Last week I had to go and engage our local police force. A routine annual task many of us who live in Africa must perform. We go to lour local CID headquarters to prove that we are not criminals. Or, at least, that no trace of our criminal activities has recently been detected.
The process harks back to Colonial days, when it was impossible for an African to apply successfully for formal employment without a Certificate of Good Conduct. So applicants travelled long distances to reach a central point where they could share their identity details, and then ask the authorities to check the criminal records for any trace of them. Quite how this was done, or how long it took, before the advent of computers I dread to think.
And it’s the process I want to talk about. Because my, how it has changed. Not since 1932, but since last year! The officer in charge of Good Conduct has decided that positive communication with his target audience will improve efficiency. So he has looked at the process and decided what needs to be clarified.
His influence begins at the gate of CID HQ, where smartly uniformed policemen smile, enquire your purpose, and direct you to a parking area. Then you encounter his first investment in signage, which directs you to the pavilion where the Good Conduct process is carried out. On the outside wall of this freshly repaired building is a large shiny sign, of a quality normally associated with upmarket shopping centres. And on that sign, writ large, are the steps of the process to be followed by all applicants.
The benefits of this can easily be imagined by anyone who has ever had to arrive as a supplicant at any bureaucratic office on the Continent. From border post to harbour, from immigration to tax office, the first tactic has always been to deny information. So you arrive, ignorant and anxious. Which means that anyone - from the office cat to the Permanent Secretary - can have his wicked way with you. For as long as he wants; and without fear of interruption.
And in this blind state, the real villains can surround you like the coils of a python, and begin to squeeze.
I speak not of the officials, but of the facilitators. Touts,relatives of officials,former employees. They all have an easy familiarity with the place, and are only too happy to help you. The longer they keep you, and the more serious the perceived obstacles they overcome for you, the higher their eventual demand for recompense.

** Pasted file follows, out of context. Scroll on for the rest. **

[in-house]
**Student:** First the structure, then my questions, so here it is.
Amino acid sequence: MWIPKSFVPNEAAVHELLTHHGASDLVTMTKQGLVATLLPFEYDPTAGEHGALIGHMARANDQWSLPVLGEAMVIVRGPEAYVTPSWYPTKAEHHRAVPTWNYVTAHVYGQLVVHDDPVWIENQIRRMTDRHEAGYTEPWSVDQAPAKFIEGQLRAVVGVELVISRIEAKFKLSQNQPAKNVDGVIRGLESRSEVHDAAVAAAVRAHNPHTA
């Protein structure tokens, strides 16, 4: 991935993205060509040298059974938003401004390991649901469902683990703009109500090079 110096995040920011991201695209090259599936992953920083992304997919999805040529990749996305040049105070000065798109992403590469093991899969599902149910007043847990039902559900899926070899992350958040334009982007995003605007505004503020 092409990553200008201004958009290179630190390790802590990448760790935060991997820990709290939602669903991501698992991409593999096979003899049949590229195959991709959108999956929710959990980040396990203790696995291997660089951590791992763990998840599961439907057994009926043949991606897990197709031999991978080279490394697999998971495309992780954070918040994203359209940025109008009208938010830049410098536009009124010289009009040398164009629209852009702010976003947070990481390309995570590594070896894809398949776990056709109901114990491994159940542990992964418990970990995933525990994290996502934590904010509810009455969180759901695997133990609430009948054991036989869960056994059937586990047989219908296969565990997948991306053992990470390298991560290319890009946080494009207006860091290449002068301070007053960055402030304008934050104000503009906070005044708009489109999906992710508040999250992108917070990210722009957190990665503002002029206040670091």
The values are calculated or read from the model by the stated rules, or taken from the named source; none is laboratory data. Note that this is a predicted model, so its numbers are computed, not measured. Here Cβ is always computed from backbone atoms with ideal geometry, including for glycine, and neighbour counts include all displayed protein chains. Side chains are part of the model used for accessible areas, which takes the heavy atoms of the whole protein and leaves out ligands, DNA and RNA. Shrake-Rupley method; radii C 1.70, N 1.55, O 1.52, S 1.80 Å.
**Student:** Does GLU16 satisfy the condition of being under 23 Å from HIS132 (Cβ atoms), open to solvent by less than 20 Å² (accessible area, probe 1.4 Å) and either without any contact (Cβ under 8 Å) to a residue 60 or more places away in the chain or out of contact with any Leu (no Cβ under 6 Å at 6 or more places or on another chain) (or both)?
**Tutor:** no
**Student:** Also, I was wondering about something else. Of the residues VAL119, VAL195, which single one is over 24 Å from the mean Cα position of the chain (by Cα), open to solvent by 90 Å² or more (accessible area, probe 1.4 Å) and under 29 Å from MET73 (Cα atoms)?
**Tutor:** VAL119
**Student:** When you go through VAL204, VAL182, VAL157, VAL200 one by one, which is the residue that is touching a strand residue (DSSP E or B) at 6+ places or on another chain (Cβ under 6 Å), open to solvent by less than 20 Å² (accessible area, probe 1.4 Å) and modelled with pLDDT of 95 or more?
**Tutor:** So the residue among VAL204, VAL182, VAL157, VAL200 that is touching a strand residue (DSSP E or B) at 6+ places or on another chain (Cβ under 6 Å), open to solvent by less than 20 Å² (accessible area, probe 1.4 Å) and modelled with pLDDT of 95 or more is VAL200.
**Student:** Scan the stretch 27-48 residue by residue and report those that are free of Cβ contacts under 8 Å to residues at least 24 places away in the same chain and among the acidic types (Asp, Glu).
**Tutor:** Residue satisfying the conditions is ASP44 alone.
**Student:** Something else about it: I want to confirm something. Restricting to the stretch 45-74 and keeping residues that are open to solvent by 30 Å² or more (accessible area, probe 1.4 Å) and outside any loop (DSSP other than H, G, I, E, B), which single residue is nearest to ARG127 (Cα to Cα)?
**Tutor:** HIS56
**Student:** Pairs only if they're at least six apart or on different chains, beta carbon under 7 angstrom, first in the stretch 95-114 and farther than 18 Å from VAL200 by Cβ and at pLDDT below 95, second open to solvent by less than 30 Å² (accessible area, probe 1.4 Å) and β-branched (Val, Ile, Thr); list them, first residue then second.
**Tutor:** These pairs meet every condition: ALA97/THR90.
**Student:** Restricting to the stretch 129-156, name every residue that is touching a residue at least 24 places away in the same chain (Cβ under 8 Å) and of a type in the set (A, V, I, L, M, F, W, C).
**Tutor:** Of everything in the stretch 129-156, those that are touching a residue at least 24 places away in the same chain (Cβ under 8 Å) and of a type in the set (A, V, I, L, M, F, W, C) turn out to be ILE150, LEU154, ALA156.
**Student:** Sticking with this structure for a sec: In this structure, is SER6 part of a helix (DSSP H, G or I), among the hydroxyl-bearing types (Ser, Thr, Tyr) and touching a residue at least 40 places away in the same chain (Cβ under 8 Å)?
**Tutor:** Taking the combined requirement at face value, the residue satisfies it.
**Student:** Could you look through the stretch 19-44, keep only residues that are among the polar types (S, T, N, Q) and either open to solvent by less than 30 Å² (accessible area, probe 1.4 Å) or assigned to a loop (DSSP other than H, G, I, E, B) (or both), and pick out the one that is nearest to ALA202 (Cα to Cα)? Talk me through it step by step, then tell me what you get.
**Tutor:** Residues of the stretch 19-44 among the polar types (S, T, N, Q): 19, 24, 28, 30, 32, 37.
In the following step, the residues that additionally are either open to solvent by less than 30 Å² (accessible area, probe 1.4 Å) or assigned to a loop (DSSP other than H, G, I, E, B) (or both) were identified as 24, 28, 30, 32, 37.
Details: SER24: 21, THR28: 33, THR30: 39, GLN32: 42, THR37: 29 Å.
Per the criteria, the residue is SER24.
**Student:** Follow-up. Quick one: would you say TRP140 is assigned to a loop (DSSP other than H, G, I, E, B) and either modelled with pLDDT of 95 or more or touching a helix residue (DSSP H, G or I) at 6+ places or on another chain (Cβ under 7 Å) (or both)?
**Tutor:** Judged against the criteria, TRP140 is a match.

Well, here at CID HQ, there were no such people. And anyone who was genuinely there to help an applicant (the driver assisting hisIndian mzee for example) got short shrift. They were made to sit in a special area, not permitted to move, and … stared at rather hard.
And so, enlightened by signage, and unencumbered by facilitators we the applicants progressed smoothly from stage to stage. Payment, form filling, photocopying, stapling, fingerprinting. A now logical process, completed within an hour.
As I recall, the first time I applied, I participated in the Great Mystery for more than 6 hours. Twice I nearly lost the will to live. But this time I joined a flow of equally amazed people, shaking their heads in wonder as they left CID HQ in daylight.
Of course, not every behaviour can be influenced by communication. And the public loves the chance to fight back.
But the only rebellion I saw was in response to a notice forbidding applicants to wipe fingerprint ink off their fingers onto the walls. Several had, instead, wiped their hands on the new curtains. Long live the Revolution!
Chris Harrison has 19 years experience in marketing and advertising in Africa. From Nairobi he leads a communications agency network that is active in 19 markets on the Continent.
His writings can also be found on www.chrisharrison.biz and on a variety of marketing sites around the world.